After a yearlong variety trial, the Friends of Birmingham Botanical Gardens and Alabama Extension team up to promote the benefits of planting garlic in our own backyards
By Mindy Keyes Black
Throughout the South and across the country, “farm-to-table” and “locally grown” have become synonymous with a renewed appreciation for fruits and vegetables raised close to home and harvested at their peak. In Alabama, demand for local produce led to a tenfold increase in the number of farmers markets and farm stands statewide (from 17 to 174) between 1999 and 2020. Grocery stores continue to enhance their offerings, and shoppers are choosing local—for health and nutrition, environmental sustainability, and garden-fresh flavor.
Search as you might amid the beloved Chilton County peaches, summer sweet corn, and heirloom tomatoes—you’ll find many fewer options for locally sourced garlic. Believed to have been cultivated by humans for close to 5,000 years, garlic is currently grown by only 34 Alabama producers and has a production footprint of just 7 acres across the state. Instead, much of the garlic (82%) consumed in Alabama, as with most states, comes from California or China, traveling thousands of miles to get to our kitchens. (The United States is the No. 1 garlic importer in the world.)
The Friends of Birmingham Botanical Gardens and Alabama Cooperative Extension System (ACES) see an opportunity to change this dynamic. In 2021, thanks to a $20,000 Specialty Crop Block Grant administered by the United States Department of Agriculture and awarded through the Alabama Department of Agriculture & Industries, ACES and the Friends joined forces to test 33 garlic varieties at the Bruno Vegetable Garden at Birmingham Botanical Gardens and two other test sites to identify cultivars that perform well in Alabama gardens.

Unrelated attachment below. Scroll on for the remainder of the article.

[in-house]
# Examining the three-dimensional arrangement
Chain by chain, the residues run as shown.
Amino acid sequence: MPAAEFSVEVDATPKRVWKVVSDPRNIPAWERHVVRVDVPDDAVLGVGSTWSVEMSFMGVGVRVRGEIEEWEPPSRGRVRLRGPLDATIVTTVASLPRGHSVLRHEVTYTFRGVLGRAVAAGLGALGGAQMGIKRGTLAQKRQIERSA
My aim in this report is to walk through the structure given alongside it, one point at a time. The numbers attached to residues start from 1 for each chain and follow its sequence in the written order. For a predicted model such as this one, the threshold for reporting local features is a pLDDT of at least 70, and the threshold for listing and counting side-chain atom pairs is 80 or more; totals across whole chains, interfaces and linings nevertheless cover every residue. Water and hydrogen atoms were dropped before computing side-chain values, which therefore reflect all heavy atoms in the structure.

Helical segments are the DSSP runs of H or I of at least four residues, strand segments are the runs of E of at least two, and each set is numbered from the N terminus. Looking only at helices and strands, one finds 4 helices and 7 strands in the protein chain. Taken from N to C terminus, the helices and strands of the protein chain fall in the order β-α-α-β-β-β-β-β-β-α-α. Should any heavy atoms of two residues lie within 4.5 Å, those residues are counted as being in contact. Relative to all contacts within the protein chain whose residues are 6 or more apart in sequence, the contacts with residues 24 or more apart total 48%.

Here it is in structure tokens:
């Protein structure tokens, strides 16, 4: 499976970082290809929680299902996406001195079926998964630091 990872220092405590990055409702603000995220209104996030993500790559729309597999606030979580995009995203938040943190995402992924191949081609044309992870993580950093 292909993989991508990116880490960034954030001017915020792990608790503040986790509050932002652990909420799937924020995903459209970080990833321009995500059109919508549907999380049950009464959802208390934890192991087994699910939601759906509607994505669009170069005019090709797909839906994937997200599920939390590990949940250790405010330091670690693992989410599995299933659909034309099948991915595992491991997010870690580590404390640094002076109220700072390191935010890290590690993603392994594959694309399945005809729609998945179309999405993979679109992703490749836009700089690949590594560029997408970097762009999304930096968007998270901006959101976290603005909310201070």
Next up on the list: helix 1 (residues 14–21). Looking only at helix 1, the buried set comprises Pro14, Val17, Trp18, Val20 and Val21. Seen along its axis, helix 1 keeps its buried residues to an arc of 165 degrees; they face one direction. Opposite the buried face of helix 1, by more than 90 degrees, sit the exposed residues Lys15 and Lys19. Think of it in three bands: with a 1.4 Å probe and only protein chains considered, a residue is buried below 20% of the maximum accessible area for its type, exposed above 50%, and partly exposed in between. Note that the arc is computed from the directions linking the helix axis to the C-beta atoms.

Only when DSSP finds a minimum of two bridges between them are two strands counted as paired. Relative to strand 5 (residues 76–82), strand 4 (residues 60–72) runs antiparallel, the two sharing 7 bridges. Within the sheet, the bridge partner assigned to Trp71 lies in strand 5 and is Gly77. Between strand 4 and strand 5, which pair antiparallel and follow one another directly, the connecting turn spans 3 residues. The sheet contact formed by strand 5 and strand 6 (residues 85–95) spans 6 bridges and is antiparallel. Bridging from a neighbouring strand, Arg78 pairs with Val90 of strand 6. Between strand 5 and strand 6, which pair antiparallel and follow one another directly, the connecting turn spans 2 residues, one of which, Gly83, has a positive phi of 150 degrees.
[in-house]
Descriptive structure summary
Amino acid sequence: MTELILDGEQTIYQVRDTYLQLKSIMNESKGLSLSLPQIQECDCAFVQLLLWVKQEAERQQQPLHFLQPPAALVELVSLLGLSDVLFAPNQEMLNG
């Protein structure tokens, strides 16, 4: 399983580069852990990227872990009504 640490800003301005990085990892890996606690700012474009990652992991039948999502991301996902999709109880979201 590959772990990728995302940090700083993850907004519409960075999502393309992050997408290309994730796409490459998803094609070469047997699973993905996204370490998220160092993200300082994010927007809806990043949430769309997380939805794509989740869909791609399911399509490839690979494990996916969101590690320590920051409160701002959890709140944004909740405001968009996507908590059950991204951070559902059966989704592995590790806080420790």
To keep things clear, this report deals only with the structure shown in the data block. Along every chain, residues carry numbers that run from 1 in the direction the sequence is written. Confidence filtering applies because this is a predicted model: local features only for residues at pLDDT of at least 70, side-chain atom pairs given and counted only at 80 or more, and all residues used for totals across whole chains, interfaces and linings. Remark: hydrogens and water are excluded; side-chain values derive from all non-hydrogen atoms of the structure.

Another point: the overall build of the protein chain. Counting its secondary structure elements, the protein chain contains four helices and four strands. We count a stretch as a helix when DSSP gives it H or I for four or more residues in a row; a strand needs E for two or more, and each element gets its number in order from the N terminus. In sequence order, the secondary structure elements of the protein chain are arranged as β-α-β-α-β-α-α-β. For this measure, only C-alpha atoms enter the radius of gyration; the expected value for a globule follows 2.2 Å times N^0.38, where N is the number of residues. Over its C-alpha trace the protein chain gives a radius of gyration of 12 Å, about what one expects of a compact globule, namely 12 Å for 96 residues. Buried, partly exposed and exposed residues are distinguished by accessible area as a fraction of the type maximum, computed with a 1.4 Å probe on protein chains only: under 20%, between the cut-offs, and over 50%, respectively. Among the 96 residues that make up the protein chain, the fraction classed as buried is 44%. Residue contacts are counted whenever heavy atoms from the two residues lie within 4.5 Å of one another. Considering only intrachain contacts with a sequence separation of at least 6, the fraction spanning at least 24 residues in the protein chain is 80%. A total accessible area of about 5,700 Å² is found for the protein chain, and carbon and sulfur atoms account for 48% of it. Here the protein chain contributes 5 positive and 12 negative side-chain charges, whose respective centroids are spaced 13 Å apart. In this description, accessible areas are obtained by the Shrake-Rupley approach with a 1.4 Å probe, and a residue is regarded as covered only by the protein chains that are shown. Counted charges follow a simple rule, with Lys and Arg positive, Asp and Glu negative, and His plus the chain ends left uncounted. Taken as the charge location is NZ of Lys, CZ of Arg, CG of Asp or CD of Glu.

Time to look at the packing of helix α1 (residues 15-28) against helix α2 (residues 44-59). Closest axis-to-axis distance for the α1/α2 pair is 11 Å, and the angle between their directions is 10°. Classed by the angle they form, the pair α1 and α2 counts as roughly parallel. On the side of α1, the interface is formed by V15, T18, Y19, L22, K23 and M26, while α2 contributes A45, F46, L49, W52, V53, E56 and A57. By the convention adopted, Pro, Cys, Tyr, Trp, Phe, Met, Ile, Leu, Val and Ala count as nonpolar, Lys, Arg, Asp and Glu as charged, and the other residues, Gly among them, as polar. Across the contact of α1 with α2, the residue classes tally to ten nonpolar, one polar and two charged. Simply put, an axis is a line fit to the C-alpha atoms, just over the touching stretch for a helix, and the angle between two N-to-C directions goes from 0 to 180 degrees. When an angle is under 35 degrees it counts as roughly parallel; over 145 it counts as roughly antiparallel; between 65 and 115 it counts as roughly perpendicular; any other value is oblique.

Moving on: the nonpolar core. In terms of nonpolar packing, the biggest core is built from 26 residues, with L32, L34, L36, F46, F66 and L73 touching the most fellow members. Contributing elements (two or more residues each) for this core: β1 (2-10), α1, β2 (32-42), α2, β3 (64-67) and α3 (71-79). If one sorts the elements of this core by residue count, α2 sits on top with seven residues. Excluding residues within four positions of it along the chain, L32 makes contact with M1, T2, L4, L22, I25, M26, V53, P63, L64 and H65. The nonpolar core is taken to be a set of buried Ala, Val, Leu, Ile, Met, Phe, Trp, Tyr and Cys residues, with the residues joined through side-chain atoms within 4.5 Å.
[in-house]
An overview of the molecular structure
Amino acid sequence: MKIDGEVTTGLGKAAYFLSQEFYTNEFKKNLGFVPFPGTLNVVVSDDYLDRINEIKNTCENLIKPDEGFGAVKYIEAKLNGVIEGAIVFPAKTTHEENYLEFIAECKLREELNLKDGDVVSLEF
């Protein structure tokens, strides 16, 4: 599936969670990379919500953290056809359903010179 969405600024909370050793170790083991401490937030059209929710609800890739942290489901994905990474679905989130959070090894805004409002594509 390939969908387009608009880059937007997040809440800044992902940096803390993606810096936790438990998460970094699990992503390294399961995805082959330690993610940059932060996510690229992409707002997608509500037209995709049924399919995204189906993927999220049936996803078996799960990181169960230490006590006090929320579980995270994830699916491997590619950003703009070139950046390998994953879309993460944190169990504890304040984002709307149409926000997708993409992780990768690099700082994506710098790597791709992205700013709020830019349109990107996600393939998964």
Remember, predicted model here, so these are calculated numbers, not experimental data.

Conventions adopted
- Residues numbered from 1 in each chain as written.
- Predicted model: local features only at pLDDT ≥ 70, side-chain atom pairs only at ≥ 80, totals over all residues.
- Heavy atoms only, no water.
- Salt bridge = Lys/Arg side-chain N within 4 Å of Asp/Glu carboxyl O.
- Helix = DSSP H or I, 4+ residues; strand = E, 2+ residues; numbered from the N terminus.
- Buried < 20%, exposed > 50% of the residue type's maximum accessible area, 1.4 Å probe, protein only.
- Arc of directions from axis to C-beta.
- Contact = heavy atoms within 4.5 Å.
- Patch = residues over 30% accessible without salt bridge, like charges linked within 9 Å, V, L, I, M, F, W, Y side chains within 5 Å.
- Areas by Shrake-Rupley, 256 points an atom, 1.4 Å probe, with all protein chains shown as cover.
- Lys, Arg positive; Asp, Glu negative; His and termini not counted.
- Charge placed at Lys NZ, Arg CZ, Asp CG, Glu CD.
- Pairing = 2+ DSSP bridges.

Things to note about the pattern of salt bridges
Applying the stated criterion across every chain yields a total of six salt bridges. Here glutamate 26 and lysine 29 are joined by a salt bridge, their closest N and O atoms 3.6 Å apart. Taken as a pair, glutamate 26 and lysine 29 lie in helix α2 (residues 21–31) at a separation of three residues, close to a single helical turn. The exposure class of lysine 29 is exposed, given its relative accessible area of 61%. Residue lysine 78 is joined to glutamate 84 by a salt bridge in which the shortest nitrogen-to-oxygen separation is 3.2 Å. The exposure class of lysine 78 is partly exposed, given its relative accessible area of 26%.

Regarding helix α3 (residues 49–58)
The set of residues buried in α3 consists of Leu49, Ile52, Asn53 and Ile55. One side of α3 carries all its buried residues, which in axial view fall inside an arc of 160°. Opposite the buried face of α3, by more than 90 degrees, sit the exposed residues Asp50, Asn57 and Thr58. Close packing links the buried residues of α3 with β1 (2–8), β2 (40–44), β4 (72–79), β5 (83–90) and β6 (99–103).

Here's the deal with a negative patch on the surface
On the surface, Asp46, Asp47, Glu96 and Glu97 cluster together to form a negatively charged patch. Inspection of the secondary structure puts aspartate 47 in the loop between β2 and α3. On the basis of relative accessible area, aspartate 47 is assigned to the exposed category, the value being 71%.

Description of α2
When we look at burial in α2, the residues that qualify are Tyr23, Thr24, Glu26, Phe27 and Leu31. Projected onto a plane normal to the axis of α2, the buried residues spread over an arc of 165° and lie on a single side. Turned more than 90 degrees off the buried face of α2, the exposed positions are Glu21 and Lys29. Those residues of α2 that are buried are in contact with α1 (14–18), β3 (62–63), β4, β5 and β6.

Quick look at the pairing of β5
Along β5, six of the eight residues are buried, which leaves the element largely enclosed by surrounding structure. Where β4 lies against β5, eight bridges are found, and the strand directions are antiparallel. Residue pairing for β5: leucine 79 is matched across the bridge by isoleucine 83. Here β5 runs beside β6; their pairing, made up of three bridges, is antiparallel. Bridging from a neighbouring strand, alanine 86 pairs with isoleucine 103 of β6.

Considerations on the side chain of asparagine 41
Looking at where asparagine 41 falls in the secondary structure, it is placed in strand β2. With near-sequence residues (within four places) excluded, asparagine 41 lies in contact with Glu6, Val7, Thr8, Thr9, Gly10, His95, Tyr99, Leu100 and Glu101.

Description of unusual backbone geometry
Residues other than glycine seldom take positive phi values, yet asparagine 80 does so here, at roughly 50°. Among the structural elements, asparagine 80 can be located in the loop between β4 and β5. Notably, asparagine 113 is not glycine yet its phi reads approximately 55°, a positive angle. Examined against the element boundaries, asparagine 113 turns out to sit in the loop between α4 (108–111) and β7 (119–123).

The three-year trial will continue through summer 2023, says Dr. Tyler Mason, director of education and visitor experience with the Friends of Birmingham Botanical Gardens, who had the idea to apply for the grant while enjoying a meal with friends featuring broccoli roasted with garlic.
“Garlic is really an ideal crop, whether you farm commercially or have a small raised bed at home,” says Mason. “Garlic is planted in November and harvested in May, so it does not interfere with popular summer and fall crops, and it requires just a small amount of space, so anyone can benefit from growing it. You just need a row by your fence and you can have garlic for the year and then some.”
Results from the trial will be shared with commercial producers and home gardeners through educational programming and outreach. Already, there are some clear varietal winners for Alabama gardens: ‘Purple Glazer,’ “Inchelium Red,’ and ‘Romanian Red,’ to name a few.
Alabama farmers and consumers, he says, will be the real winners. “We want commercial producers to know which varieties are top performers in terms of quality and yield so they can make choices that are rooted in research when they seek to diversify their crops. We also want to encourage Alabamians at home to grow and eat more vegetables. Just like our favorite tomatoes, fresh garlic has a fantastic flavor profile that, when harvested and enjoyed straight out of our gardens, can’t be beat.”
Enjoy learning about our programs? Read more stories in the fall 2022 issue of The Garden Dirt, the award-winning quarterly newsletter of the Friends of Birmingham Botanical Gardens. Become a member of the Friends of Birmingham Botanical Gardens and receive future issues of The Garden Dirt and other great benefits. Thank you for supporting the Gardens and all that it makes possible through your annual membership, donations, and plant sale purchases!